I have literally read fights in the more recent comics and had no idea who got injured or stopped and how.


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Fiasco




And cuz some writers cant write a fight scene. Some however can do it fine, but really, as other posters mentioned, there's a choreography to making a fight scene. If a writer says "depict large group fighting, participants should include characters x, y, and z" then it's up to the artist to basically depict what's asked of them. Random slugfest with the occasional grunt and "aack!" tossed in. You mention Avengers. Bendis has great ideas and dialogue, but i've said it for years, he really doesn't belong in mainstream comic medium. He's out of his element writing the "big guns" and truth to tell, you can point at sales all you want in the here and now, it's the long term effect that damages the entire industry. A reader drops the book here and there, and new readers cant jump on board and clearly understand everything that's happening without an omnibus to help them - part of superhero comics is the FIGHT. How it plays out. It's in the nuances. Bendis and others can argue that "in real life, this is how it would be..." but they're wrong. Melees are not about a gang of people punching one another and swapping opponents. The Avengers and X-Men TRAIN so that they can counter opponents and contain them in their own fashion. It's a chess match sometimes, or it's a battle of willpower - it's shown in the details. Characters don't just "read and react" like a bad NFL defense.

So my long winded point is that while some titles may thrive by relying on dialogue and never ending story threads, Marvel is shooting themselves in the foot consistently by not hiring writers that are willing to stick to a classic and proven writing standard and allow the action to be a part of the story. Some people in power in the industry just dont get it anymore and thats sad.

Would Die Hard had been as much fun if the bad guys just massed up and jumped on Mclane and beat him to death? No. It's a movie, not reality. If I want reality, i'll go take on some terrorists myself and get my @$$ shot up in 30 seconds.

These are comics and not reality. The harder they try to infuse reality - especially their OWN interpretation of reality - into the comics, the further away they get from making comics. That's why more people will see The Hulk movie this coming weekend than will buy his latest comic. At least we know each punch will have some kind of visual impact, regardless of how good the overall movie turns out.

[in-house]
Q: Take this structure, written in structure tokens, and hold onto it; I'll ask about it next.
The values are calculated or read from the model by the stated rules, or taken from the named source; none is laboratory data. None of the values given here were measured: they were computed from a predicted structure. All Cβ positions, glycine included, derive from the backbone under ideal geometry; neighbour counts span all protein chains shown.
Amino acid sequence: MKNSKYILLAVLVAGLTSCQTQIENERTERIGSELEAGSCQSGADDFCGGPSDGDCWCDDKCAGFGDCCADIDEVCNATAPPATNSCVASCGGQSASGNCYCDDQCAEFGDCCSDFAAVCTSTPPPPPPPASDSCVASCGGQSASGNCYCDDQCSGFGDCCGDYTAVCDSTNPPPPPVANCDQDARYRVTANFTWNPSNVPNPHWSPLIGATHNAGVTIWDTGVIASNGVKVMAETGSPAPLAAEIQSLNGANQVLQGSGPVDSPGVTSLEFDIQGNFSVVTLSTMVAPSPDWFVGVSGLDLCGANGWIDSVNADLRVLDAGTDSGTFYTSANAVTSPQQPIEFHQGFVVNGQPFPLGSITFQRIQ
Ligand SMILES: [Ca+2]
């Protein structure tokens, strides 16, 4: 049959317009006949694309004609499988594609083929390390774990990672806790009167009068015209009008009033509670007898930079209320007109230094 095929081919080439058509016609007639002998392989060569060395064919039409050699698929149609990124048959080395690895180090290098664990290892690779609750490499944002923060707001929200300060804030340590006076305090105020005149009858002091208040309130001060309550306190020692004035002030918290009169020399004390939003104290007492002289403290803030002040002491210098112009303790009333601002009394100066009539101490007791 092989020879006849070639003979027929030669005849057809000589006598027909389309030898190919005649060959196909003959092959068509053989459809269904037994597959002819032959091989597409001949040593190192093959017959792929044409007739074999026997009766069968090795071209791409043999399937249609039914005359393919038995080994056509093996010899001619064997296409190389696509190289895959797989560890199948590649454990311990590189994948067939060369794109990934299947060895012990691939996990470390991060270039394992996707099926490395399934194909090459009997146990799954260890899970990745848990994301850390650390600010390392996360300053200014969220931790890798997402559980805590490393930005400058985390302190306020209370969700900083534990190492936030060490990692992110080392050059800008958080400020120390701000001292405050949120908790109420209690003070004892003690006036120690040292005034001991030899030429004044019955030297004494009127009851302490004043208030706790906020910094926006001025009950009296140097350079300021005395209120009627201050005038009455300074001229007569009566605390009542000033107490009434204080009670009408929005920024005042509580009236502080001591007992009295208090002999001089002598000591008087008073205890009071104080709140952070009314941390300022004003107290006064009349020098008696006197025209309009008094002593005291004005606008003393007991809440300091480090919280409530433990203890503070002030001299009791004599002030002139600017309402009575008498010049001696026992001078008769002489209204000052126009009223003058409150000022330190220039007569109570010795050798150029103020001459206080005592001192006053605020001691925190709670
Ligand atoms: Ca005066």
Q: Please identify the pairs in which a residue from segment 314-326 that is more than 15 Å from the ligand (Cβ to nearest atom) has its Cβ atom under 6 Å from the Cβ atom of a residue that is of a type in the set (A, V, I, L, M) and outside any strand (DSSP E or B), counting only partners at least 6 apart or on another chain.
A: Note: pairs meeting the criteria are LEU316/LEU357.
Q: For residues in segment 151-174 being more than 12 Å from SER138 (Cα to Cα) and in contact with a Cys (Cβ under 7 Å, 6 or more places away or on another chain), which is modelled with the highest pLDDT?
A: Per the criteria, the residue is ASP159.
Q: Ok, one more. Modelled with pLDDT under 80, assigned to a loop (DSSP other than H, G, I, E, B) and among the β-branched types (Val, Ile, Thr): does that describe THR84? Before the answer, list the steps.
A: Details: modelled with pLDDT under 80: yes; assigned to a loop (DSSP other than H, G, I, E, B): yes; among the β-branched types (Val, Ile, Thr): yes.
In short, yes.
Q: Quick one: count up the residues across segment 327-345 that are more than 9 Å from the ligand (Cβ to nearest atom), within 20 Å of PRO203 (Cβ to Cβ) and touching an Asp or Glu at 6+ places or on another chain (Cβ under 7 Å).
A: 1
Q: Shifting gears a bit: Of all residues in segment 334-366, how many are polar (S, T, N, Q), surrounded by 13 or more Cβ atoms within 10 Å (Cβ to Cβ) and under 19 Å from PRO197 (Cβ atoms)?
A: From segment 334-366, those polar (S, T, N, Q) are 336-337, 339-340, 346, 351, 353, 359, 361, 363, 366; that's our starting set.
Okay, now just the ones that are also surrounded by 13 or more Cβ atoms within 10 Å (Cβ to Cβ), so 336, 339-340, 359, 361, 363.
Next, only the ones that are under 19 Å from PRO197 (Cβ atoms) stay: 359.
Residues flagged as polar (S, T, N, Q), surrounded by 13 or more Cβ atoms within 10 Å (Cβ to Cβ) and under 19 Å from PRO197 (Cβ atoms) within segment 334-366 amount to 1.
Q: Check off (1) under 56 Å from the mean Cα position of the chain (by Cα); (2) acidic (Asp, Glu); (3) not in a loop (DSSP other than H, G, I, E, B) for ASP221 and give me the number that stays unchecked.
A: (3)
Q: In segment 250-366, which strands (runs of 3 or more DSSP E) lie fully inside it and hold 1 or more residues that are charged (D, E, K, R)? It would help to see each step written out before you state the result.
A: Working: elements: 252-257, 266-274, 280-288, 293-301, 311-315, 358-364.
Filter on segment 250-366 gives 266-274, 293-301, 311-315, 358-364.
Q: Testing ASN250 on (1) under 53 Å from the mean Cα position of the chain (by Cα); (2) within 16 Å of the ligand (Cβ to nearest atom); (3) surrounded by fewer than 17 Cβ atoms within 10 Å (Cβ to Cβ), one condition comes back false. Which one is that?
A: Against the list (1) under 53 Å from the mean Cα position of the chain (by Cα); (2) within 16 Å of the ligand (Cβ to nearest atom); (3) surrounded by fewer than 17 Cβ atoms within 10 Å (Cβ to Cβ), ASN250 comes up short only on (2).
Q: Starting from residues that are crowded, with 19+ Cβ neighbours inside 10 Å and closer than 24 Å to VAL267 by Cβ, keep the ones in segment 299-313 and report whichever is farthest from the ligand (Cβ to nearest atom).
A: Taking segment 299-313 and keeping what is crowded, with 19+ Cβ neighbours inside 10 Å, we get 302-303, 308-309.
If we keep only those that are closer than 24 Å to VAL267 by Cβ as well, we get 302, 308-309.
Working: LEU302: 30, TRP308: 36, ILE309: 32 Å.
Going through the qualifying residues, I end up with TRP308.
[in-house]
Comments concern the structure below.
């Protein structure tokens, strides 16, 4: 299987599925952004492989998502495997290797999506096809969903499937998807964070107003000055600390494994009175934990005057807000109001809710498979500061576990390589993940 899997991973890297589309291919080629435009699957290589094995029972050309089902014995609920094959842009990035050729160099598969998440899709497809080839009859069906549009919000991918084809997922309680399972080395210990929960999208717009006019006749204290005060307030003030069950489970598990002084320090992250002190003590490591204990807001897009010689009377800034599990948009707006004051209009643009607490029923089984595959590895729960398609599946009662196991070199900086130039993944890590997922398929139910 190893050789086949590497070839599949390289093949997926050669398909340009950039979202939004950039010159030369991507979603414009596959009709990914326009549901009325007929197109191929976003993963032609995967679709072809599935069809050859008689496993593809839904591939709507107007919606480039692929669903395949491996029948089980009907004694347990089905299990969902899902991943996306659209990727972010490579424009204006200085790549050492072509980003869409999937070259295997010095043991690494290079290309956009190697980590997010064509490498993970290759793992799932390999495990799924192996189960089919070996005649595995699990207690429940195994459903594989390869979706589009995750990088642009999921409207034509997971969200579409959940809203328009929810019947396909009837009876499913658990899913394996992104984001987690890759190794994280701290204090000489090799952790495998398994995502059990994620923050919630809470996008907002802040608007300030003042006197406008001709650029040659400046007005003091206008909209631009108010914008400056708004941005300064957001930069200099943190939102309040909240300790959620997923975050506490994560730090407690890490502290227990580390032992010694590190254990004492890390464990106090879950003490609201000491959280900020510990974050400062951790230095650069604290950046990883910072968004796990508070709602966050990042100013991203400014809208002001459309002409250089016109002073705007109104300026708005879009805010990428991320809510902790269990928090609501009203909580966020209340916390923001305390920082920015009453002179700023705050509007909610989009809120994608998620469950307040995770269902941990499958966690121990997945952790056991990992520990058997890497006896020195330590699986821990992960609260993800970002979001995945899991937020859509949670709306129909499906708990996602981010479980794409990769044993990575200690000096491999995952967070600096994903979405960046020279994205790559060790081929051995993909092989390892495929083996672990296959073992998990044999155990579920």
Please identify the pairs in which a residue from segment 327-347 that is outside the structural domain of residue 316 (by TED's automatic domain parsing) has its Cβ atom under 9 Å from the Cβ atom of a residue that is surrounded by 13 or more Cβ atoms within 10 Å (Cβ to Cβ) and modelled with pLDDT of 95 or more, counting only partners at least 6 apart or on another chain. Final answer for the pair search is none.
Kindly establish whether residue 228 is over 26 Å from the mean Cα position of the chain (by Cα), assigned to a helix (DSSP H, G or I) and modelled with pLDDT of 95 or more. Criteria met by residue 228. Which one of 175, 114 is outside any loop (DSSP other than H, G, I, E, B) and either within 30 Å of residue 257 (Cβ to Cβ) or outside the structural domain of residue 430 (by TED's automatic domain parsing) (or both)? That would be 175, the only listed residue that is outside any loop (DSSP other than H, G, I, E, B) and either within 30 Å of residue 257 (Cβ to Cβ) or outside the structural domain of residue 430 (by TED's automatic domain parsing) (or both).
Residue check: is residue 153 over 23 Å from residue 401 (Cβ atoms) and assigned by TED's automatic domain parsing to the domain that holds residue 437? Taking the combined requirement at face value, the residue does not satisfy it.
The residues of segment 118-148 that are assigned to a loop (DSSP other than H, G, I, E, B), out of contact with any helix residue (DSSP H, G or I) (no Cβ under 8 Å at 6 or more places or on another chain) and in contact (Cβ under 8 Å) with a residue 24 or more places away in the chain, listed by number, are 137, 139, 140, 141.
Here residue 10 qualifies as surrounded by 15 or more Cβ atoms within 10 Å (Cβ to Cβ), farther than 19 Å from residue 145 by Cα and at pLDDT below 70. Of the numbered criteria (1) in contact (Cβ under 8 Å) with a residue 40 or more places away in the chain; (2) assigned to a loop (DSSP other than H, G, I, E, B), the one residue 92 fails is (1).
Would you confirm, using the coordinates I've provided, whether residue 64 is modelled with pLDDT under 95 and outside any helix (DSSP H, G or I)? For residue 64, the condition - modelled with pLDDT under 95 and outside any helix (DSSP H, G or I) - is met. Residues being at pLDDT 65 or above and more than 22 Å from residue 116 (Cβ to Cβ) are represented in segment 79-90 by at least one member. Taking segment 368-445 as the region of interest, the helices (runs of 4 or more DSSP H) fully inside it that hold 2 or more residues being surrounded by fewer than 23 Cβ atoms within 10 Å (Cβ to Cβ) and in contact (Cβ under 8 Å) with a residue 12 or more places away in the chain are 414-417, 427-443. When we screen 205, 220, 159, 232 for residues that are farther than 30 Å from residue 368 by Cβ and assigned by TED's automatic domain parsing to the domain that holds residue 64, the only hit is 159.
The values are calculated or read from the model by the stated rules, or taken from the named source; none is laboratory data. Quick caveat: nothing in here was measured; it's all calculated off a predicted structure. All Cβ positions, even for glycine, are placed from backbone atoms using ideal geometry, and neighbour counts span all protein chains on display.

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jwd




> This feels like a movie with over/poor use of the shoulder held camera technique.

>

> Please explain why I am wrong or why you agree.



I agree completely and am not suprised by this really. Its been moving towards it since the 90s and the big push at Image.



Large full page spreads which means less panels to tell a story in sequence. The added feature to draw the characters to look "cool" and in some kind of action poster in the middle of the book.



There should be a definate sequence of events or it should be drawn clearly enough you can tell what is going on and not some giant mish-mash of chaos.





There's some great artists working in comics today but quite a few of those aren't great comic artists. Now if I wanted a poster to hang in my room ...



jwd







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Doc Shallot




> Am I the only one who is becoming increasingly irritated that fight sequences don't seem to be shown in a linear enough way to know..
>
> who is fighting who
> who is winning
> what specific techniques/powers etc are causing the outcomes
>
> it just looks like a mess with costumes a good chunk of the time.
>
> The visual of fights used to have an ebb and flow that told you a lot about the personality of the combatants.
>
> This issue and mighty/new avengers of the last year have been particularly egrigious offenders.
>
> I know it is trying to depict the chaos of war but this isn't a documentary.
>
> Clarity needs to be respected enough that the story is digestible.
>
> This feels like a movie with over/poor use of the shoulder held camera technique.
>
> Please explain why I am wrong or why you agree.

I think you're right for the most part. Some titles still use action sequences to good effect, moving the story along and providing insight into the heads of the involved participants.